On 2 Dec, the Social Move group of activists visited Daranee Charnchoengsilpakul at Khlong Prem Prison. They found her still active in discussing political issues, despite the fact that inmates are supposed to be kept away from politics through the prison’s various means of censorship. She was very happy to have received letters from sympathizers in many countries.
While life inside was as unpleasant as usual, one piece of good news was that her long suffering from a molar abscess had finally received attention from the prison, and she will undergo an operation early next year. The group of activists reported their visit on Prachatai and the Same Sky webboard.
Inmates are allowed to meet visitors for 15 minutes once a day on weekdays. When the activists met Daranee, they introduced themselves as they had never met before. The writer of the report said that she initially wanted to identify herself as ‘a world friend’ of Daranee’s in the prison form she had to fill in for the visit, but she decided to write just ‘friend’ so as to avoid offending the prison officials.
Once the writer had introduced herself as a master’s degree student in political science, Daranee instantly started talk about current political issues, including the performance of the incumbent Democrat-led government, and economic problems. Daranee was apparently happy to talk about these issues. She did not seem disheartened or fearful about the country’s political situation, despite the fact that it was the reason for her detention.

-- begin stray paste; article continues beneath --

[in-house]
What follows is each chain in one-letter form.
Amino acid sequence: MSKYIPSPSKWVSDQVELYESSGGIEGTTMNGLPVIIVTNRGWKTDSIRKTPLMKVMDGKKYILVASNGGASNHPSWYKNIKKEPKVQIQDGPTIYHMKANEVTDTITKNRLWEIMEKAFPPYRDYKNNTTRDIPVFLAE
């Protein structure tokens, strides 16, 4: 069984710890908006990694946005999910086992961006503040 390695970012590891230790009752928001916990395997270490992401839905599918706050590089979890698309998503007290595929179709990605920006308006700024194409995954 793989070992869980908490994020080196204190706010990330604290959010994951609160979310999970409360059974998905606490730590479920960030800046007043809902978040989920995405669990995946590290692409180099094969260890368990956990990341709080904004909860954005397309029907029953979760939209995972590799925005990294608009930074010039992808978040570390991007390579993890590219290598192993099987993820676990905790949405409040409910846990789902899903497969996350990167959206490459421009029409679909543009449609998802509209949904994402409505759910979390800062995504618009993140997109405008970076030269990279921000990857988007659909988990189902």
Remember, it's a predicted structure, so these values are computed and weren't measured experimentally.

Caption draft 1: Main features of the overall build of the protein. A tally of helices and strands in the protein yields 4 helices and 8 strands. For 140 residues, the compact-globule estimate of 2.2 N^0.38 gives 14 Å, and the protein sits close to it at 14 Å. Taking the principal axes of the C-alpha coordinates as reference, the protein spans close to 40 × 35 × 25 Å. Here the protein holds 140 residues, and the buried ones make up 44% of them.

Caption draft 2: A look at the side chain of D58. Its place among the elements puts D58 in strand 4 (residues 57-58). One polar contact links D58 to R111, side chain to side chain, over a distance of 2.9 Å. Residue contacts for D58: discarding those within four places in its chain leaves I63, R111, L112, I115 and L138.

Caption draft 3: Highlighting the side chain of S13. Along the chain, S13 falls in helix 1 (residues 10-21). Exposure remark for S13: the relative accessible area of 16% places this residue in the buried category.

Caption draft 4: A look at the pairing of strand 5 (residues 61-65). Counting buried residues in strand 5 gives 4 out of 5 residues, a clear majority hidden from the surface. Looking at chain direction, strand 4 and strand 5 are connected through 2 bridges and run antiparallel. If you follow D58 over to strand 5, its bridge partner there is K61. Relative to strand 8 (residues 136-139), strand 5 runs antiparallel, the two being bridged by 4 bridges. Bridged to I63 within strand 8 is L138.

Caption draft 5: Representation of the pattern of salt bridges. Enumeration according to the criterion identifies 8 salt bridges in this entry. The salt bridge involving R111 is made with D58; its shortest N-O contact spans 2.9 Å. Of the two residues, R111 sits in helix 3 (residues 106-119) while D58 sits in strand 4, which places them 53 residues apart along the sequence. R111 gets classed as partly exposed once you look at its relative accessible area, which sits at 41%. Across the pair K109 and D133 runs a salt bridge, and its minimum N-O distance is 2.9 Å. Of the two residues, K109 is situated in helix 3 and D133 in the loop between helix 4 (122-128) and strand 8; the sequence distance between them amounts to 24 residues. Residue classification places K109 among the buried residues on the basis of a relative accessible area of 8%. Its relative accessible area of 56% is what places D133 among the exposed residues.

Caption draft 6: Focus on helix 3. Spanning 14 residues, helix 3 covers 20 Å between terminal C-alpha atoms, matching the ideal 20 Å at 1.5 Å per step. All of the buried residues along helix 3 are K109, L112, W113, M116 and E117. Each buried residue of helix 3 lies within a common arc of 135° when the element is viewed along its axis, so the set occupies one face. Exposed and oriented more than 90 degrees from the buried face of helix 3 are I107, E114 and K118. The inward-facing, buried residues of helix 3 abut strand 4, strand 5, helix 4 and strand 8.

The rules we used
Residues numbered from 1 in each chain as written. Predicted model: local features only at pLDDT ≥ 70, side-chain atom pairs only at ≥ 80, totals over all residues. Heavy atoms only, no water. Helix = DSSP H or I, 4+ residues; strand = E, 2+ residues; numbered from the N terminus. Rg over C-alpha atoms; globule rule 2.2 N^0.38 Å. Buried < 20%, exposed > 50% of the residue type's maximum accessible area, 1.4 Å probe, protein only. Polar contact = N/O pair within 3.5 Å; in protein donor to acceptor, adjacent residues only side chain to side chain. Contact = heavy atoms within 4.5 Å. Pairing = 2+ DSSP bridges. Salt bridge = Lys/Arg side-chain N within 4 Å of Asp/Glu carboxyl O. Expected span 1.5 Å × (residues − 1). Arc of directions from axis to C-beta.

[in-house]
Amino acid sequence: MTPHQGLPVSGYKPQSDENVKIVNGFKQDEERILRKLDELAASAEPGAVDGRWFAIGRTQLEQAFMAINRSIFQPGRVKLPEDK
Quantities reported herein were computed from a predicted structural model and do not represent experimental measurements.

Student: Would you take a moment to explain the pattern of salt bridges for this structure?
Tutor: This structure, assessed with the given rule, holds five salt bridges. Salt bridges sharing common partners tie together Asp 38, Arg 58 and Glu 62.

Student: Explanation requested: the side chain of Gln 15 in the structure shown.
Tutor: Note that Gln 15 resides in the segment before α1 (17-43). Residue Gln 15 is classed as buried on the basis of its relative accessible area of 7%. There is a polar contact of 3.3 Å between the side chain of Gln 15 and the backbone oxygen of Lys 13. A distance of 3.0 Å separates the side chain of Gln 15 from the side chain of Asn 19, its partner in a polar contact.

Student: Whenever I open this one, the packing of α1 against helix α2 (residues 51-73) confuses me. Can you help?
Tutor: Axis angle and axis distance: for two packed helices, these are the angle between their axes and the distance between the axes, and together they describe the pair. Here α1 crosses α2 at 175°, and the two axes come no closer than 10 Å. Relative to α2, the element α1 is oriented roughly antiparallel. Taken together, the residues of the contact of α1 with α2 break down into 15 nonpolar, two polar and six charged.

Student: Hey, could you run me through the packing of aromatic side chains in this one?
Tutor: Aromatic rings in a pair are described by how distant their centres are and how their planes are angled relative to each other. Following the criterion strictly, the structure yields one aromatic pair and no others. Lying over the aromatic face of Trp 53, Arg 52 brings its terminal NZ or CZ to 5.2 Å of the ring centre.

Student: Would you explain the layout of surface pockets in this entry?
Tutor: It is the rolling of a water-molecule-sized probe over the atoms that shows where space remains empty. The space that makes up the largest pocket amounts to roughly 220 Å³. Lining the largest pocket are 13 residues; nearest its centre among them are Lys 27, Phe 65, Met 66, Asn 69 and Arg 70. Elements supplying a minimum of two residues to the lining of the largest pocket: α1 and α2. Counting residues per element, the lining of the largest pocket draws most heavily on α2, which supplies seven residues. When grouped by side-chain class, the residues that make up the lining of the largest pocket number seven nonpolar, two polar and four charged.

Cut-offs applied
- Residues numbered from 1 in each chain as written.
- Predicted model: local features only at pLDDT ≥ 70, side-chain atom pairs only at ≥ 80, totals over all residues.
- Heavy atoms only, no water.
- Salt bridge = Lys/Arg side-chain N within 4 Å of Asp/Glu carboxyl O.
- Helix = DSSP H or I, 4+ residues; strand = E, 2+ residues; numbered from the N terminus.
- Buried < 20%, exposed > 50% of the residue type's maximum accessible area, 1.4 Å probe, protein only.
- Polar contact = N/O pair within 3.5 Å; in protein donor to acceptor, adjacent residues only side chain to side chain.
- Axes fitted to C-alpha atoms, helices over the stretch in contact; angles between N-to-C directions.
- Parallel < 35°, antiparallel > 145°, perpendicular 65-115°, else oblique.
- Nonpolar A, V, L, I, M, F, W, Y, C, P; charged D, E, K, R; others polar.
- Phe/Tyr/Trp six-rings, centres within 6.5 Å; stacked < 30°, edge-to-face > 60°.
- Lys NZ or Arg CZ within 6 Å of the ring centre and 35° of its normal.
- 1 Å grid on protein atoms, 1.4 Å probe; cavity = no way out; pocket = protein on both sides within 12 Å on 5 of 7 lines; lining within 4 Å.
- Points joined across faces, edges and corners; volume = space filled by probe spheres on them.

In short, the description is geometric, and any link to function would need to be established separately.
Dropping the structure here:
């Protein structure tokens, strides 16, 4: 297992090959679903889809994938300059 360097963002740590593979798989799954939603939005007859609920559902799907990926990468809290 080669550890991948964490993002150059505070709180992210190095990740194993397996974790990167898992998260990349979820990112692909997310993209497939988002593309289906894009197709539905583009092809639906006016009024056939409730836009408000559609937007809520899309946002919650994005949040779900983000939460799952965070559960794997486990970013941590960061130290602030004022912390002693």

The writer told her that ‘a certain academic from afar’ and other friends had sent their regards. She said ‘thank you’ for them all.
Daranee told the activists that the prison was crowded, and this affected the inmates psychologically as it was easy to get annoyed and irritated with each other', resulting in quarrels. She said there should be other ways to deal with convicts such as probation, because incarceration would only have a bad effect on inmates.
According to Daranee, female convicts do not have much to do each day as a result of prison policy. She wanted the activists to campaign for female convicts to have more activities such as cooking, gardening or growing vegetables, as these would help the inmates to enjoy their time and improve their self-esteem. She wondered why male convicts at Khlong Prem were allowed to do these things, while they were not.
Daranee told the activists that she will have an operation for her molar abscess early next year, but she was not sure where it would take place. She smilingly said that her long suffering finally got the attention from negligent officials, thanks to Princess Bajrakitiyabha’s Enhancing Lives of Female Inmates (ELFI) initiative, with prompting from an Asian human rights organization [probably the Asian Human Rights Commission (AHRC) - Prachatai] and the EU. She went on to complain about poor health care inside the prison, and told the activists to help campaign for improvement.
Daranee said that inmates were prevented from getting political news. At specific times, they were allowed to see selected television programmes copied onto DVDs by the prison; these were Thai and Korean soap operas.
In the library, inmates had only old issues of women’s magazines, the latest issue being 2007.
Daranee was happy to report that she had received letters from Vietnam, the US, Australia, the Netherlands, etc. She felt grateful, and wished for more letters.
She told the activists to write about her in various websites, and make the headline ‘Better shoot me’, because she would rather die than stay in prison.
The activists told her that she was a symbol of injustice in Thailand, and was getting more and more attention…
The light then went off. 15 minutes were over.